LONDON (Thomson Reuters Foundation) - Cameroon and Malaysia have failed to make progress in tackling illegal logging since 2010, due to corruption and a lack of transparency and political will, a report by a British thinktank said on Wednesday.
Chatham House has looked into illegal logging and the response of governments and the private sector since 2006.
Cameroon and Malaysia are two of a handful of timber-producing countries - chosen for the importance of the forest sector to their economies and the volume of timber they export - assessed in 2008-09 and again in 2013-14.
“Illegal logging has a devastating impact on some of the world’s most valuable remaining forests and on the people who live in them and rely on the resources they provide,” Chatham House Senior Research Fellow Alison Hoare said in a statement.
“It is disappointing how little progress Cameroon and Malaysia have made in tackling illegal logging, which exacerbates deforestation, climate change and poverty. In both countries corruption is a major issue, and the governments need to do much more to address the problem.”
Illegal logging, one of the main factors driving forest degradation in Cameroon, was much more widespread in the West African nation where entrenched corruption, weak institutions and unclear laws were impeding reform, Chatham House said.
“The big issue is the lack of clarity between the legal framework for forestry, agriculture and mining and lack of coordination between those sectors, which means that you end up with rights being allocated to the same area of land for different uses, so then there’s a dispute as to who has the rights to it,” Hoare told the Thomson Reuters Foundation.
Forty percent of Cameroon’s land is forested. Half of the timber produced in the country comes from the informal sector, and nearly all of that is illegal, resulting in forest degradation, Hoare said.
Another problem is the misuse of “small permits”, which are often granted to allow the clearance of forests for infrastructure or farming projects, by businesses that see it as an easier way to get timber, Hoare added.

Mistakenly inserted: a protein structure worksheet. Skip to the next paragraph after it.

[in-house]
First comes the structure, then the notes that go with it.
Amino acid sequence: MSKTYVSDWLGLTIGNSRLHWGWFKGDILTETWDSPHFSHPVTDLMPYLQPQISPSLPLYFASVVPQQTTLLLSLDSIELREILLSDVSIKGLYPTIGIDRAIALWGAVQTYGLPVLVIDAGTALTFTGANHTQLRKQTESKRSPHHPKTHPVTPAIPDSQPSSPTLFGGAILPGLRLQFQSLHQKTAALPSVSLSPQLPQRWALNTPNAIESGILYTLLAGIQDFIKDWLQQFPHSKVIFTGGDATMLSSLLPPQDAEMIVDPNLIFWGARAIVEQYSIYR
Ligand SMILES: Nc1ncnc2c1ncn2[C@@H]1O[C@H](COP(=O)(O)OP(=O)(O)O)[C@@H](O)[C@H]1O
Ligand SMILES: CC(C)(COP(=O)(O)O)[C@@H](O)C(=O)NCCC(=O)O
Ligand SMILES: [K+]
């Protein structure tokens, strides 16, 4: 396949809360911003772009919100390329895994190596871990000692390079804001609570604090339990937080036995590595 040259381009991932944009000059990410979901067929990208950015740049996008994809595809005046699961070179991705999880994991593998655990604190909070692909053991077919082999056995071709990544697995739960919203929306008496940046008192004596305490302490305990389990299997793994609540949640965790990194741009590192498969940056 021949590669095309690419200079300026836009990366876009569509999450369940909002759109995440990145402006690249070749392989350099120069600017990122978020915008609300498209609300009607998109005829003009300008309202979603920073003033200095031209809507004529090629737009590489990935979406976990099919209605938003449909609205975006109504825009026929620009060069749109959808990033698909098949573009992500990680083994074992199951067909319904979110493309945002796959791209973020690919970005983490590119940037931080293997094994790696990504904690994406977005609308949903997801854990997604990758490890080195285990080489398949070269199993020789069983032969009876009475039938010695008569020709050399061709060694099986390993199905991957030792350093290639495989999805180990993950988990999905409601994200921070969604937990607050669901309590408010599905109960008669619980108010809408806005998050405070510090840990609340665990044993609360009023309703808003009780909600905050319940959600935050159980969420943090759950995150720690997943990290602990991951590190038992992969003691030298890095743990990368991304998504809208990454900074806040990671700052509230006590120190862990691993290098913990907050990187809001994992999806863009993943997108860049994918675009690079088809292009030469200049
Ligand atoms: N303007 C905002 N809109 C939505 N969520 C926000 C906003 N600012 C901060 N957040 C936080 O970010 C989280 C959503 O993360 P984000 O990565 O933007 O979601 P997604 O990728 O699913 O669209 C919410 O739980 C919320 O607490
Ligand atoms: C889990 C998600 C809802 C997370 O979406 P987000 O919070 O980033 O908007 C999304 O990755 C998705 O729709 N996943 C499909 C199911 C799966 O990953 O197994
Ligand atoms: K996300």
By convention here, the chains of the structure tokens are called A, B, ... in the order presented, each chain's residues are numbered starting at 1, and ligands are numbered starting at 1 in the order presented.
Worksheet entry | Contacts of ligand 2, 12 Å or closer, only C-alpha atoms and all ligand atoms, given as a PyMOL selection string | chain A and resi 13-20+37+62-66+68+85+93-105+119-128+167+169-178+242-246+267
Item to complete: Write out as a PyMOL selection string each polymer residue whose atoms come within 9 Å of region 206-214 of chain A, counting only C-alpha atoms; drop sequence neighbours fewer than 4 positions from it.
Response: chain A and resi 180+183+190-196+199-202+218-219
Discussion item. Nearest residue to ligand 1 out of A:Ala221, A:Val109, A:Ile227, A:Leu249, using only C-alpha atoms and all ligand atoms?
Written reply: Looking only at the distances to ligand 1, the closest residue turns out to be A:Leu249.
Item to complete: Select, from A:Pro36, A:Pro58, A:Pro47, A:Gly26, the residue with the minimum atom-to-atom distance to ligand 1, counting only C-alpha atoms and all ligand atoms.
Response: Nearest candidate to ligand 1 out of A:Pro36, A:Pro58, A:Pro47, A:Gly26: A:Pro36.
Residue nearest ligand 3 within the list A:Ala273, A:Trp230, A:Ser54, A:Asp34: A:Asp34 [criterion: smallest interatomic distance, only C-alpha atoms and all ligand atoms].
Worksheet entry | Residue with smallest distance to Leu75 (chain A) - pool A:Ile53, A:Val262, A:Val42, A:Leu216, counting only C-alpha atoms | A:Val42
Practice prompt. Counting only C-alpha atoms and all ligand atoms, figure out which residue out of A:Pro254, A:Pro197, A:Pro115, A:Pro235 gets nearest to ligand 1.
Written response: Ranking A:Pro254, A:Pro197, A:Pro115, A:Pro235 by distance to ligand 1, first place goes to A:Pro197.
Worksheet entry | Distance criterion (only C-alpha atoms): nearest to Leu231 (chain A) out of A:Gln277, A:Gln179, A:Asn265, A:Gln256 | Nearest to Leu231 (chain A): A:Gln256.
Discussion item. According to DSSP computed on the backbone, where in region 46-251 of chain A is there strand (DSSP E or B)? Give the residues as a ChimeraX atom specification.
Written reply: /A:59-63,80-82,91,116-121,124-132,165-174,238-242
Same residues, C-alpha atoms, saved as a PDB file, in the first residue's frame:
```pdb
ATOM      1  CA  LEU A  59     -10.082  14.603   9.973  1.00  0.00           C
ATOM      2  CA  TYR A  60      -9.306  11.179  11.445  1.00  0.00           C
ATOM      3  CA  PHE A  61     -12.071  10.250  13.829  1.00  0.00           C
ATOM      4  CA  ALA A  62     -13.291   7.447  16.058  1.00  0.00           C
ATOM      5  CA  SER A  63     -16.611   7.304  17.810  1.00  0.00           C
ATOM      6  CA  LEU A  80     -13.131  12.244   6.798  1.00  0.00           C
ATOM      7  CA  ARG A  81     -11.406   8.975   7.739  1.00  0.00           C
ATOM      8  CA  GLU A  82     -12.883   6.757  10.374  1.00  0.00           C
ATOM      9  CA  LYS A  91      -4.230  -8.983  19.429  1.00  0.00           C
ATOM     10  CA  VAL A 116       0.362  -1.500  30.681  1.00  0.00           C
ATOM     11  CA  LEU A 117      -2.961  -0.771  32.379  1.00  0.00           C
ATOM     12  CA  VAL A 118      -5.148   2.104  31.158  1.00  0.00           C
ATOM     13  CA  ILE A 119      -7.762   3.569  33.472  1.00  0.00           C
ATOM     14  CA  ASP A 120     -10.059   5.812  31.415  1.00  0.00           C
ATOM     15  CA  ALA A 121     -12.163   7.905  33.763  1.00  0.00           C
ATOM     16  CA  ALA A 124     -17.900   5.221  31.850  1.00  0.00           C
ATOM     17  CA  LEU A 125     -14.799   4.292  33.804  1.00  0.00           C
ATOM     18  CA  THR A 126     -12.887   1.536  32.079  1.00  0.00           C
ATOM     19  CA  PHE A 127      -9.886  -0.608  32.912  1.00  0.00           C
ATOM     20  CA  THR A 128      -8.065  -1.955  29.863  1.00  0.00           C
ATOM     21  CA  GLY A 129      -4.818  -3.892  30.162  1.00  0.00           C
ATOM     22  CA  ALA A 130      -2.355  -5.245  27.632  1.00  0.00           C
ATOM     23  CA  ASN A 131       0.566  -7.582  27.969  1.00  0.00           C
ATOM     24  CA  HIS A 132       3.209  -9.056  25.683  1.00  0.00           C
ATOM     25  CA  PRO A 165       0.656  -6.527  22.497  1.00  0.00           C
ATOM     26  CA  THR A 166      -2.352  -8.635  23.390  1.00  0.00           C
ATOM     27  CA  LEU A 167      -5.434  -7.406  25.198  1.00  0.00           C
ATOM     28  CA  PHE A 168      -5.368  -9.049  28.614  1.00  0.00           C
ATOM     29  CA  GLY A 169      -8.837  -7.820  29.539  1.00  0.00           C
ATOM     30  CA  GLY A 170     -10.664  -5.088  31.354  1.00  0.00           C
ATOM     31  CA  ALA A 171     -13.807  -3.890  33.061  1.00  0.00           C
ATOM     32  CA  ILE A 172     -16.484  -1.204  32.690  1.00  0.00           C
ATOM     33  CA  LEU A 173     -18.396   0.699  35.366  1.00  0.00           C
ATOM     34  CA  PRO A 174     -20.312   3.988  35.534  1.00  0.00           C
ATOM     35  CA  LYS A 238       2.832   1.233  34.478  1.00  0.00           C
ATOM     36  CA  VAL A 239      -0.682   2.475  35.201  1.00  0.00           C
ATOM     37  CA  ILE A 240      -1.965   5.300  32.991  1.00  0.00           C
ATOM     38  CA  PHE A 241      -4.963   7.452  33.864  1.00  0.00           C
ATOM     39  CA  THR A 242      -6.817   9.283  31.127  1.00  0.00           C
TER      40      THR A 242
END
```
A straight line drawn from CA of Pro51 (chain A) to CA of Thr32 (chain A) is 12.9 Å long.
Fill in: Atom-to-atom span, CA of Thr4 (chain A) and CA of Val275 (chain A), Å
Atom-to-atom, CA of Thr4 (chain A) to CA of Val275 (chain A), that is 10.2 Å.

Chatham House said illegal logging in Malaysia, where 60 percent of the land is forested, was not as bad as in Cameroon. But problems persisted in the largest state of Sarawak, which is rich in resources.
The growth of timber, pulp and agricultural plantations is driving forest loss in the Southeast Asian nation, where the area given over to plantations is expected to double by 2020, the report said.
By contrast, Ghana and Indonesia had made much more progress in tackling illegal logging, Hoare said.
“In Indonesia this agenda has become closely linked with the government trying to reduce its carbon emissions and its deforestation (as part of the) whole climate change issue which it has been giving a lot of priority to,” she added.
A study last week showed that Indonesia’s moratorium prohibiting district governments from granting new palm oil, timber and logging concessions had lowered greenhouse gas emissions from deforestation by 1 to 2.5 percent between 2011 and 2015.
However, Indonesia will not meet its emissions reduction target of 26 to 41 percent by 2020 unless the current policy is extended and strengthened, according to researchers from the Center for Global Development and others.
Reporting by Katie Nguyen; Editing by Tim Pearce